|Kindle version, cover by Alison Bell|
There were love poems, serious and quirky, many of which have been anthologised (including a much- loved poem called Thread, in Antonia Fraser's Scottish Love Poems anthology.) And there were many plays for radio which - although not only love stories - were so often also stories about love.
Well, I'm in good company.
Not, you understand, that I'm comparing myself to these writers - but some of my very favourite authors, such as Thomas Hardy and the Brontes, Mrs Gaskell, Jane Austen and countless others - even Shakespeare himself - wrote about love in all its fascinating manifestations. Moreover, we're enthralled by the stories of so many people, fictional and factual, because they are wonderful love stories: Anthony and Cleopatra, Romeo and Juliet, Napoleon and Josephine, Lancelot and Guinevere, Heloise and Abelard, Dante and Beatrice, Diarmuid and Grania, Robert Burns and Jean Armour (I'm working on that one myself at the moment!) Posh and Becks...enough already.
I'm not sure when I first began to feel faintly guilty about my own literary themes. Was it when somebody asked me for the umpteenth time what I wrote about, and I found myself strangely reluctant to admit to writing about love, actually? Was I afraid they might think I was trying to outdo Barbara Cartland, in pink chiffon and mascara? Not, you understand, that I have anything at all against romance. I confess to being a deeply romantic individual - I cling to it in the face of age and experience - and I like a good happy-ever-after romance as well as the next woman. Besides, I hate the kind of literary snobbery that seeks to place everything in a hideous hierarchy of worthiness. But perhaps I already had a creeping perception that any reference to the subject of love - coming from a female writer - practically guaranteed that the work in question wouldn't be taken seriously.
Does this happen to male writers? I think not. Perhaps the critics expect them to write seriously about love as about everything else. Perhaps they just assume that the male perspective will have more 'gravitas'. You know - a little like the old joke.
'I make decisions about the really important matters,' says the man. 'Like how to achieve world peace and what's wrong with the government. My wife just decides the unimportant domestic stuff like where we live, and how we spend the money and where the kids go to school and silly little things like that. '
Personally, I've read sugary nonsense by a few well-regarded male writers which has been hailed as fine writing and I do sometimes wonder why nobody has noticed. But since I'm not in the business of making enemies, I won't name names!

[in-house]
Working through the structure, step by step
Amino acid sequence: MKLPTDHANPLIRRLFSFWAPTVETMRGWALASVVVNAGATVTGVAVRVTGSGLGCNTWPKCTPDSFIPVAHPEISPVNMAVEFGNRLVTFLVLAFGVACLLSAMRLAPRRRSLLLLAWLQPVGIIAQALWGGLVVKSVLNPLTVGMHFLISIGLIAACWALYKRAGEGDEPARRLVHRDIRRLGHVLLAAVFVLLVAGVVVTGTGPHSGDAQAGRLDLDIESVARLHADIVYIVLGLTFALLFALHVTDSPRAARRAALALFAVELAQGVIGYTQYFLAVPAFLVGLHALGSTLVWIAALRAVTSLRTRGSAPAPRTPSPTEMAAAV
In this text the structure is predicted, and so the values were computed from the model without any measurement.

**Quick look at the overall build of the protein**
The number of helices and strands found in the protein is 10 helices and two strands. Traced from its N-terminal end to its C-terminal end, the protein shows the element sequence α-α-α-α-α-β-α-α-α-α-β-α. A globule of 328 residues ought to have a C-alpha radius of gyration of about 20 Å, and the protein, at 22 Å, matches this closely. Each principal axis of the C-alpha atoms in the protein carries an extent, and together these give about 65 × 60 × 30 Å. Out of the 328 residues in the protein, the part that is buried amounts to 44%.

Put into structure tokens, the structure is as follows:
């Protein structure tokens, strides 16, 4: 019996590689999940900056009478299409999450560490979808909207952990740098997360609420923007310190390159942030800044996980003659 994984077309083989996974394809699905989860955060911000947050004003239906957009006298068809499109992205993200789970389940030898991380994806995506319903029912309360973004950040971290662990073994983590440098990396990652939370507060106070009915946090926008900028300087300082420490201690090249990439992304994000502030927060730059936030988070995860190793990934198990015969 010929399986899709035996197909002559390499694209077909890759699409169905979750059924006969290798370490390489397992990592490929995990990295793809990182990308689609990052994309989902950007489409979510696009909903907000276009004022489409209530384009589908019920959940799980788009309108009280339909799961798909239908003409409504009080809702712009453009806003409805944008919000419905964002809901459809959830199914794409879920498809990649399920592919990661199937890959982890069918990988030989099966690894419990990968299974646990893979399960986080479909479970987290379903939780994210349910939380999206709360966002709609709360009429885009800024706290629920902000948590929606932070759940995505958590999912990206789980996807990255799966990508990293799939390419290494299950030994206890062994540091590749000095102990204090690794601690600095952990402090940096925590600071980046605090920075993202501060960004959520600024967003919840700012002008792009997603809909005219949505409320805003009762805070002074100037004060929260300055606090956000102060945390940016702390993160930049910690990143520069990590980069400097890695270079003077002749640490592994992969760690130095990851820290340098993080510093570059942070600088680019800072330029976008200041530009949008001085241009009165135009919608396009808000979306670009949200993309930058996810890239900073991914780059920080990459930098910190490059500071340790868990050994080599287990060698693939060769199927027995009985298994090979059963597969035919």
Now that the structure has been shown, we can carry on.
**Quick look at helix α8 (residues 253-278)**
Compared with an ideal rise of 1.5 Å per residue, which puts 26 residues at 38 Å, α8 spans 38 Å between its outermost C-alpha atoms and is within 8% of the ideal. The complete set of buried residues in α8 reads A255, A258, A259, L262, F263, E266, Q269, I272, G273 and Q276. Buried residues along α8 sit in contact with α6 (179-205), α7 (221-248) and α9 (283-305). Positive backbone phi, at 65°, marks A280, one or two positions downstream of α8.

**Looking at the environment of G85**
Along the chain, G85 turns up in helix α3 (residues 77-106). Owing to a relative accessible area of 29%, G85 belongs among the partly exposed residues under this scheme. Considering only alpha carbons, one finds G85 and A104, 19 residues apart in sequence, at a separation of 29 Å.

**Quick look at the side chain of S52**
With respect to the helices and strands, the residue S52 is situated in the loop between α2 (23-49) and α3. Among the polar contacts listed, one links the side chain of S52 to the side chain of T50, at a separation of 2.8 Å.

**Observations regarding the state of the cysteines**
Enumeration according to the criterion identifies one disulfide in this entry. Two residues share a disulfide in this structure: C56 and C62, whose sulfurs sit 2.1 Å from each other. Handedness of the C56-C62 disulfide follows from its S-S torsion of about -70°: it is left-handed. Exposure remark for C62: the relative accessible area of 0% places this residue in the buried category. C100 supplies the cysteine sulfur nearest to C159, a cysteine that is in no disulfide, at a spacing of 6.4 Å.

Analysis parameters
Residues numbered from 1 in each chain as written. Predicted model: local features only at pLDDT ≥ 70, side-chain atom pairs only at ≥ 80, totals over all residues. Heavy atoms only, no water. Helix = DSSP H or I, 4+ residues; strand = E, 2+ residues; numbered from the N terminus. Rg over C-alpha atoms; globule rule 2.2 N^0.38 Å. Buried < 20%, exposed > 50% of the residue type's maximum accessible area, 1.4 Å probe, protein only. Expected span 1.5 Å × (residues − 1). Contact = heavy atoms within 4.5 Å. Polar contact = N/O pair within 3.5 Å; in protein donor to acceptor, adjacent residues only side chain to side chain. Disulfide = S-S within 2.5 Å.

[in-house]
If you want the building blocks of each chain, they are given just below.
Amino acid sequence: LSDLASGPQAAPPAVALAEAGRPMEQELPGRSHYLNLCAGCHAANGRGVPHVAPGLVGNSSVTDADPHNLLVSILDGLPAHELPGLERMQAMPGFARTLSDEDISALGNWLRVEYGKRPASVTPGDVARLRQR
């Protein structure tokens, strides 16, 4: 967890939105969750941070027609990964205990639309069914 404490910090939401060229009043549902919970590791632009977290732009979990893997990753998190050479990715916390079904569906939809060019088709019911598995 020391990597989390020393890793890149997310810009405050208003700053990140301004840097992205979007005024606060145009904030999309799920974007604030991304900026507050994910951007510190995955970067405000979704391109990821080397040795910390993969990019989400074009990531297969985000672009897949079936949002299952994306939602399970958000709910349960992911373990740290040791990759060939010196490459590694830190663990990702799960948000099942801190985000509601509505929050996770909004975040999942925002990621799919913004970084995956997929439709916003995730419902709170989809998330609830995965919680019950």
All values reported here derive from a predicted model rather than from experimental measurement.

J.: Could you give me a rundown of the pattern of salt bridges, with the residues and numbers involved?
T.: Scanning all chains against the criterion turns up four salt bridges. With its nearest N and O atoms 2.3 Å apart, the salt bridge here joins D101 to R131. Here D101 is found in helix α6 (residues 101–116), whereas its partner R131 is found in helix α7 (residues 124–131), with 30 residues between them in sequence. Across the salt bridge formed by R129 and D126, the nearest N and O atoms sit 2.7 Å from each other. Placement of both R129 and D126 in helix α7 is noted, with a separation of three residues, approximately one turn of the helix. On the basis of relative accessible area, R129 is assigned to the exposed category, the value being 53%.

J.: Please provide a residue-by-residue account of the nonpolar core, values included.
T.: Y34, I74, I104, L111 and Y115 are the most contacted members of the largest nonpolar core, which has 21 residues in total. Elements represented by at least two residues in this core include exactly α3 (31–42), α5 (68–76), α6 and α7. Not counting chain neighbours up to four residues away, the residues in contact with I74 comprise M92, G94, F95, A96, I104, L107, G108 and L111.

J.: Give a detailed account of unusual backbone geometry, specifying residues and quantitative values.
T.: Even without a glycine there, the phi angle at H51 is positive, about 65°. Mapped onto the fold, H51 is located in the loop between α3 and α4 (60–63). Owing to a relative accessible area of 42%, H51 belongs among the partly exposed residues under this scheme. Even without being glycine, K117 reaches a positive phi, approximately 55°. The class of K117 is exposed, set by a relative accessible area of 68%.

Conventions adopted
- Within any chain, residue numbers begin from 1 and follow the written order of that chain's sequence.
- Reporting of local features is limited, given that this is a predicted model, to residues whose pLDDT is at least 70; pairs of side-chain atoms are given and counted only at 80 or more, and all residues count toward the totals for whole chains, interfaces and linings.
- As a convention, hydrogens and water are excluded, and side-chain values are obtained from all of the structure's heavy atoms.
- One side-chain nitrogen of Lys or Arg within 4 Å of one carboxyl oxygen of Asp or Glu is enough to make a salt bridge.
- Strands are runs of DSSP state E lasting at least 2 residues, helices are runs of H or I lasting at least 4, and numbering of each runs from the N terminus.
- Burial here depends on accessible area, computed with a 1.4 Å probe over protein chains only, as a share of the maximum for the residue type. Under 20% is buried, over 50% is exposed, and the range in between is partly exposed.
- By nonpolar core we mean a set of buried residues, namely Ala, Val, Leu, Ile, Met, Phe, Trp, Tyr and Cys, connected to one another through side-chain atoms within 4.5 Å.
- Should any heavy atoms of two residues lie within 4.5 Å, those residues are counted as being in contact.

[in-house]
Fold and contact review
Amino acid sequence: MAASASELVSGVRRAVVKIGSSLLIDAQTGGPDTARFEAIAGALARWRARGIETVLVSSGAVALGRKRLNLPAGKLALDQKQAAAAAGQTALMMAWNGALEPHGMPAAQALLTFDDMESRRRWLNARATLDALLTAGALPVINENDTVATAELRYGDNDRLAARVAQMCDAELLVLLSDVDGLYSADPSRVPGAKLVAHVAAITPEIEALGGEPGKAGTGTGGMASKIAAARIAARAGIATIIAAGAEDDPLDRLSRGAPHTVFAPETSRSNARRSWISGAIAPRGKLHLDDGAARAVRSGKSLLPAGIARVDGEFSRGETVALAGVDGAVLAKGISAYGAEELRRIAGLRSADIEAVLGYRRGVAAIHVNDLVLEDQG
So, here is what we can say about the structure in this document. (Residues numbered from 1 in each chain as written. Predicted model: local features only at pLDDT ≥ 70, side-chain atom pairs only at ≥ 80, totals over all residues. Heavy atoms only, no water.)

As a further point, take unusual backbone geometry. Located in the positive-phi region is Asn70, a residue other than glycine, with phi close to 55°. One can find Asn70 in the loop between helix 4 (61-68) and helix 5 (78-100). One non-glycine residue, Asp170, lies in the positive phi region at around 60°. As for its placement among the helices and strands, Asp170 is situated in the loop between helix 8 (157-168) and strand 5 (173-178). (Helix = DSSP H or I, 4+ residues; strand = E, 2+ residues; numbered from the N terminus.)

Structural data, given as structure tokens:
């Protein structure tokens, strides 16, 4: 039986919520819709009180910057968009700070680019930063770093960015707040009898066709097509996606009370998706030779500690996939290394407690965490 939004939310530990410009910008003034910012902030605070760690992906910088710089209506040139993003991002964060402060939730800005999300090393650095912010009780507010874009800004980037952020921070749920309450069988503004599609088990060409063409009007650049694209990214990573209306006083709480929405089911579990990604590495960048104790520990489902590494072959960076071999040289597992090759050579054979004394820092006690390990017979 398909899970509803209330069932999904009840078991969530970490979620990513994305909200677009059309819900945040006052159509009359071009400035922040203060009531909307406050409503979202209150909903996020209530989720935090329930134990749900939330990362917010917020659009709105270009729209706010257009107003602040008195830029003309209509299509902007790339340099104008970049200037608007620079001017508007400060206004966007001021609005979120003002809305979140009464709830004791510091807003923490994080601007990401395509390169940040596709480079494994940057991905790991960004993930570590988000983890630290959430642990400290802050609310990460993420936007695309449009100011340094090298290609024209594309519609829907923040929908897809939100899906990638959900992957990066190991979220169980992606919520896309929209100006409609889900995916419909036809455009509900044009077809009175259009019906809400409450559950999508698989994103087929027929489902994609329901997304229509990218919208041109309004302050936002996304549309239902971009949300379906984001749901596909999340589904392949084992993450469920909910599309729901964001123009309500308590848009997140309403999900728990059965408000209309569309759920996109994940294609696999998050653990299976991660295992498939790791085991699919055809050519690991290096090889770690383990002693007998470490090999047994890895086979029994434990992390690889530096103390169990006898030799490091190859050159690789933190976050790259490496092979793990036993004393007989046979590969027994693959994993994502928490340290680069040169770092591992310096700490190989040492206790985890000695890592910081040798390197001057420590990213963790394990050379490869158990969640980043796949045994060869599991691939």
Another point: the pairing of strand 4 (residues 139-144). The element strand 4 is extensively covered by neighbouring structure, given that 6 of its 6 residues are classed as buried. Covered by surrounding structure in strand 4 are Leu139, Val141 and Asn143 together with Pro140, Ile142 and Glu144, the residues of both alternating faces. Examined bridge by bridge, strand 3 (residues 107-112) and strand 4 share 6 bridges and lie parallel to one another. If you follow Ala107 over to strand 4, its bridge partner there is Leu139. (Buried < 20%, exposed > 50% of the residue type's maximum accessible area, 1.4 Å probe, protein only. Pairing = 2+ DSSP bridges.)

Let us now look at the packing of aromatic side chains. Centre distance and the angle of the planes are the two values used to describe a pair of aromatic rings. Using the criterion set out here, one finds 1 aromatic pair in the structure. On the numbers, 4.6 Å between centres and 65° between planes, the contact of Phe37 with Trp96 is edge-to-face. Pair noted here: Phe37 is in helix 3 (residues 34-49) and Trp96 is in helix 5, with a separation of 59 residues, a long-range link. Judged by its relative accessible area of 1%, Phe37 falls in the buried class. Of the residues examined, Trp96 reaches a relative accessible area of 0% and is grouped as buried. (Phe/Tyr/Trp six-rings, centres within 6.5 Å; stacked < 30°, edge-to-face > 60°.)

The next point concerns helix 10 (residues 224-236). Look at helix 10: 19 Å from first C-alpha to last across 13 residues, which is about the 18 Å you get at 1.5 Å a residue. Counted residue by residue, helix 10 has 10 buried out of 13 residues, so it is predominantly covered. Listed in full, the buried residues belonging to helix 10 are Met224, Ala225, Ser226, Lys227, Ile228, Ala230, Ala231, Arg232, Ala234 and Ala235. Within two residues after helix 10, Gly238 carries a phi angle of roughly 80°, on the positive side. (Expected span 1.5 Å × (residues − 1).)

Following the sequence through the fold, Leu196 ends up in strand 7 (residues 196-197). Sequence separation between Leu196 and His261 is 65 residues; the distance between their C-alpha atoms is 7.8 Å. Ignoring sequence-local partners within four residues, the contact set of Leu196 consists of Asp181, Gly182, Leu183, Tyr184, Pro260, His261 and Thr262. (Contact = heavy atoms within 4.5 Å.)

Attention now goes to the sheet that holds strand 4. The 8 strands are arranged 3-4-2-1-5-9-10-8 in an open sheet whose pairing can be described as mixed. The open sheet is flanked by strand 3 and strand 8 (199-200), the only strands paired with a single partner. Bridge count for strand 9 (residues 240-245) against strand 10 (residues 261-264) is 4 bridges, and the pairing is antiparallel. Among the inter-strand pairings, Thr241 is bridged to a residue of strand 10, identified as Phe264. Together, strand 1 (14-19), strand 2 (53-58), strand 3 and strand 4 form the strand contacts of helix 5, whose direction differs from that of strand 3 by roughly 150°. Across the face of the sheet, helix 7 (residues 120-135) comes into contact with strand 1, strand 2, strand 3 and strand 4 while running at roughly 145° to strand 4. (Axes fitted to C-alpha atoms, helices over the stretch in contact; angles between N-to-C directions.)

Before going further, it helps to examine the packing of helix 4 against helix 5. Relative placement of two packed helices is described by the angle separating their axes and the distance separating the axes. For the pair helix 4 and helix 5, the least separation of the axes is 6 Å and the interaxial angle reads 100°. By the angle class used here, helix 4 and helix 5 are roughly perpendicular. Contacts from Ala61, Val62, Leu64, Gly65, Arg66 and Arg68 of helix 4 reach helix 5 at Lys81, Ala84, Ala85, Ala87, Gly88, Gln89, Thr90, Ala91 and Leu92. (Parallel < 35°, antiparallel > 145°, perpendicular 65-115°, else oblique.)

Anyway, back to love. At a time when I was still hoping for more conventional publication deals and scanning Scottish publishing websites, I had the heart-sinking perception of just how macho those sites were. No love stories for them, it seemed. Have things changed in the intervening period? Not much, on the evidence of a quick scan this morning.
But I know when the realisation that a love story was the - er - kiss of death struck me with some force. It was when The Curiosity Cabinet was one of three novels shortlisted for the Dundee Book Prize and eventually published by Polygon (although it's now mine again, and available on Kindle) Even though no less a critic than John Burnside had praised it as a 'powerful story about love and obligation' a member of one of the Scottish book groups, asked to report on the shortlisted novels, described it as a 'guilty pleasure'.
Surely not because it's - perish the thought - a story about love? So is Bird of Passage. Although it's definitely a bird of a different and much more heartrending feather.
|Cover art by Matt Zanetti|
The truth is that some of the greatest stories ever told have been love stories so I'm resolved to stop apologising for writing them, even though I know I'm going to have to explain that most of mine don't end happily ever after. Like life, they tend to be a mixture of sadness, change and hope for the future.
My next novel, The Amber Heart is - among other things - a love story. The driving force of the whole thing is a passionate, pretty much disastrous, lifelong love story, based very loosely on a real life and equally disastrous love story from my own family history. A Polish love story. A bit like Gone With the Wind, but with even stranger names. Coming soon to a Kindle near you.
Meanwhile, in honour of St Valentine, I'm planning a couple of Kindle Freebies - Bird of Passage, and The Curiosity Cabinet. Love stories, both of them.
I only ask one thing. If you download either or both of these novels, read them - and find that you enjoy them - please do me the big favour of telling your friends!
Both will be free to download on 14th of February. Go on. Even if you still think it'll be a guilty pleasure, you know you want to!